Erdogan’s rival was a mild-mannered former civil servant who had led the pro-secular Republican People’s Party, or CHP, since 2010. The opposition took months to unite behind Kilicdaroglu. He and his party have not won any election in which Erdogan ran.

In a frantic effort to educate nationalist voters in the run-off, Kilicdaroglu pledged to return the refugees and ruled out peace talks with Kurdish militants if elected.

Erdogan and pro-government media described Kilicdaroglu, who received support from the country’s pro-Kurdish party, as colluding with “terrorists” and supporting what they described as “deviant” LGBTQ rights.

In his victory speech, Erdogan repeated these themes, saying LGBTQ people cannot “infiltrate” his ruling party or nationalist allies.

In Ankara, Erdogan’s voter Hacer Yalcin said Turkey’s future was bright.

“Of course Erdogan is the winner… Who else? He did everything for us,” Yalcin said. “God bless us!

Erdogan, a 69-year-old Muslim, is expected to stay in power until 2028.

He transformed the presidency from a largely ceremonial role into a powerful office thanks to a narrowly won referendum in 2017 that ended Turkey’s parliamentary system of governance. He was the first directly elected president in 2014 and won the 2018 elections that ushered in the executive presidency.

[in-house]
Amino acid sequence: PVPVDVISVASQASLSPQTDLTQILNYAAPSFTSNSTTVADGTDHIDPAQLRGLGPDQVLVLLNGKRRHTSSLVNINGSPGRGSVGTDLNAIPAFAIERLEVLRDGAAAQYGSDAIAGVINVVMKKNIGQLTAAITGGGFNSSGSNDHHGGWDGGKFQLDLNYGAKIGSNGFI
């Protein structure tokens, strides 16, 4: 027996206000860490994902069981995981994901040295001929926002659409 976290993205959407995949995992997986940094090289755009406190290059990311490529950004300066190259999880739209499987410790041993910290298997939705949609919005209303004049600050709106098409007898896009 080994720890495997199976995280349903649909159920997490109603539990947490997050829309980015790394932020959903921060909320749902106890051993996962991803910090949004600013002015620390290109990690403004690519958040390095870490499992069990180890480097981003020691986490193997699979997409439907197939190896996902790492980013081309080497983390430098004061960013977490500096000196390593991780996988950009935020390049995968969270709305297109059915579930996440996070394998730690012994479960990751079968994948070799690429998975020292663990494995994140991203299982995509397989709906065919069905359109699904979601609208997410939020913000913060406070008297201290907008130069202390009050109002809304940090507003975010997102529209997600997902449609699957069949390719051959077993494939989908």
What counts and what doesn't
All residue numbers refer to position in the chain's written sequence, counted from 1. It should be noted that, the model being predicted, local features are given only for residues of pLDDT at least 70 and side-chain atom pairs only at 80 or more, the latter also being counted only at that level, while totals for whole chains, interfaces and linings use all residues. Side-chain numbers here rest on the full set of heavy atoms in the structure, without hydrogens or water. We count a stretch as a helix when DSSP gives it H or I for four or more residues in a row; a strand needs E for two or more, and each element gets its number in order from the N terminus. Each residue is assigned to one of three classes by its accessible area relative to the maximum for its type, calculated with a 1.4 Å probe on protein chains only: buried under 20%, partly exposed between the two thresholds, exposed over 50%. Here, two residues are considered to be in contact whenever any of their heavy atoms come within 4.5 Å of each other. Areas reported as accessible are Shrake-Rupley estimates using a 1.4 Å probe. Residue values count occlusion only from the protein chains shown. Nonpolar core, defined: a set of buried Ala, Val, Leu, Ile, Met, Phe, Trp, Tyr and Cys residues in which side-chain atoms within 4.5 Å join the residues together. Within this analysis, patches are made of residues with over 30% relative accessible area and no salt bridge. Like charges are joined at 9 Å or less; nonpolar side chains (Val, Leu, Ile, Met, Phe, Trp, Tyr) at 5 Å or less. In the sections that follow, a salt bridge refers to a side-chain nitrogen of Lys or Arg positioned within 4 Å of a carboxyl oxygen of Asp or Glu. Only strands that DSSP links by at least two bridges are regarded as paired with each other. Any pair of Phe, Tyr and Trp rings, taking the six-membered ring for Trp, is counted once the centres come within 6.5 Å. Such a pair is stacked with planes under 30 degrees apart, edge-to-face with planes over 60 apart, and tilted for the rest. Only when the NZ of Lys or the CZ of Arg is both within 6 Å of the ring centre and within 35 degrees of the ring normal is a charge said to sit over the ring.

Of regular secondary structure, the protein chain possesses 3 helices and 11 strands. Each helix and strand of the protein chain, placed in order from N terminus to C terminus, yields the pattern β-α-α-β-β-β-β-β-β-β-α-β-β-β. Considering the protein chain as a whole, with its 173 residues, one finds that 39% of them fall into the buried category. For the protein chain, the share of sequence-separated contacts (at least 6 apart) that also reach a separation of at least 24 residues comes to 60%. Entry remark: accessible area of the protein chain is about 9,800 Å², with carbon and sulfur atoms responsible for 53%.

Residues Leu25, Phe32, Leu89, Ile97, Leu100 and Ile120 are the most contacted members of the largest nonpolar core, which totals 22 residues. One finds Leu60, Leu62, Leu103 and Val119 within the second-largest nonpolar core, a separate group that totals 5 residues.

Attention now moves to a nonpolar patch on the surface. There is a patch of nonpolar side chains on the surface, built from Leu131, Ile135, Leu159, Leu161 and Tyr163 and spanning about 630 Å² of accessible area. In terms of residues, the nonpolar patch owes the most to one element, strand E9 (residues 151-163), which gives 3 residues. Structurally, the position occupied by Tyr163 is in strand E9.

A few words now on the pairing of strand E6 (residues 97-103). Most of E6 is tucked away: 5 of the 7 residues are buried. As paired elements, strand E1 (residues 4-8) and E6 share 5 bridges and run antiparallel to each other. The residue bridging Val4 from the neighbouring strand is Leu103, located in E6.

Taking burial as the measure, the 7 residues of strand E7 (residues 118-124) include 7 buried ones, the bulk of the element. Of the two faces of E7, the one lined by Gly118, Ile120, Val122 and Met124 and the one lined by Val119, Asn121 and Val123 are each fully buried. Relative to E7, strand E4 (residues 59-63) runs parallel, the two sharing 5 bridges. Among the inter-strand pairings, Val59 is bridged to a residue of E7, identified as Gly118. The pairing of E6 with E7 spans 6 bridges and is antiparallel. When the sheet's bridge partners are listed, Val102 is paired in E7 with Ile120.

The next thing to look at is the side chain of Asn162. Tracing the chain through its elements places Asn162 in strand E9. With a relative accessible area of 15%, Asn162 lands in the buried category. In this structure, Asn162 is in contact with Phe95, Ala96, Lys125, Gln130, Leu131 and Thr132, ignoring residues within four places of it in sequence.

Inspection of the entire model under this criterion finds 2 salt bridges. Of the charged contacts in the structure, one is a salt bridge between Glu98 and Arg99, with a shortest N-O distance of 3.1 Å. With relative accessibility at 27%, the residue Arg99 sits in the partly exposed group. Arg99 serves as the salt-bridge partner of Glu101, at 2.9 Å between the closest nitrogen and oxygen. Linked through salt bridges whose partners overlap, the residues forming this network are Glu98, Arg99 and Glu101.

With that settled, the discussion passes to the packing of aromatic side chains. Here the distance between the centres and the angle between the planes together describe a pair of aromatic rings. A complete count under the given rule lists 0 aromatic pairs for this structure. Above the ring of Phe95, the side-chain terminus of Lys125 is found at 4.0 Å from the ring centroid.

The first half of Erdogan’s term included reforms allowing the country to start talks to join the European Union, as well as economic growth that lifted many people out of poverty.

But then he moved to suppress freedoms and the media and concentrated more power in his hands, especially after a failed coup attempt which Turkey says was orchestrated by the US-based Islamist cleric Fethullah Gulen. UNITED STATES. The cleric denies any involvement.

In the Kurdish-majority city of Diyarbakir, Ahmet Koyun, a 37-year-old steelworker, said: “It’s sad on behalf of our people that a government with such corruption, such taints, has returned to power. Mr. Kemal would have been great for our country, at least for a change of scenery.”

But he said everyone had to accept the results.


Bilginsoy reported from Istanbul. Bela Szandelszky in Ankara, Türkiye; Mucahit Ceylan in Diyarbakir, Türkiye; and Cinar Kiper in Bodrum, Turkey, contributed to this report.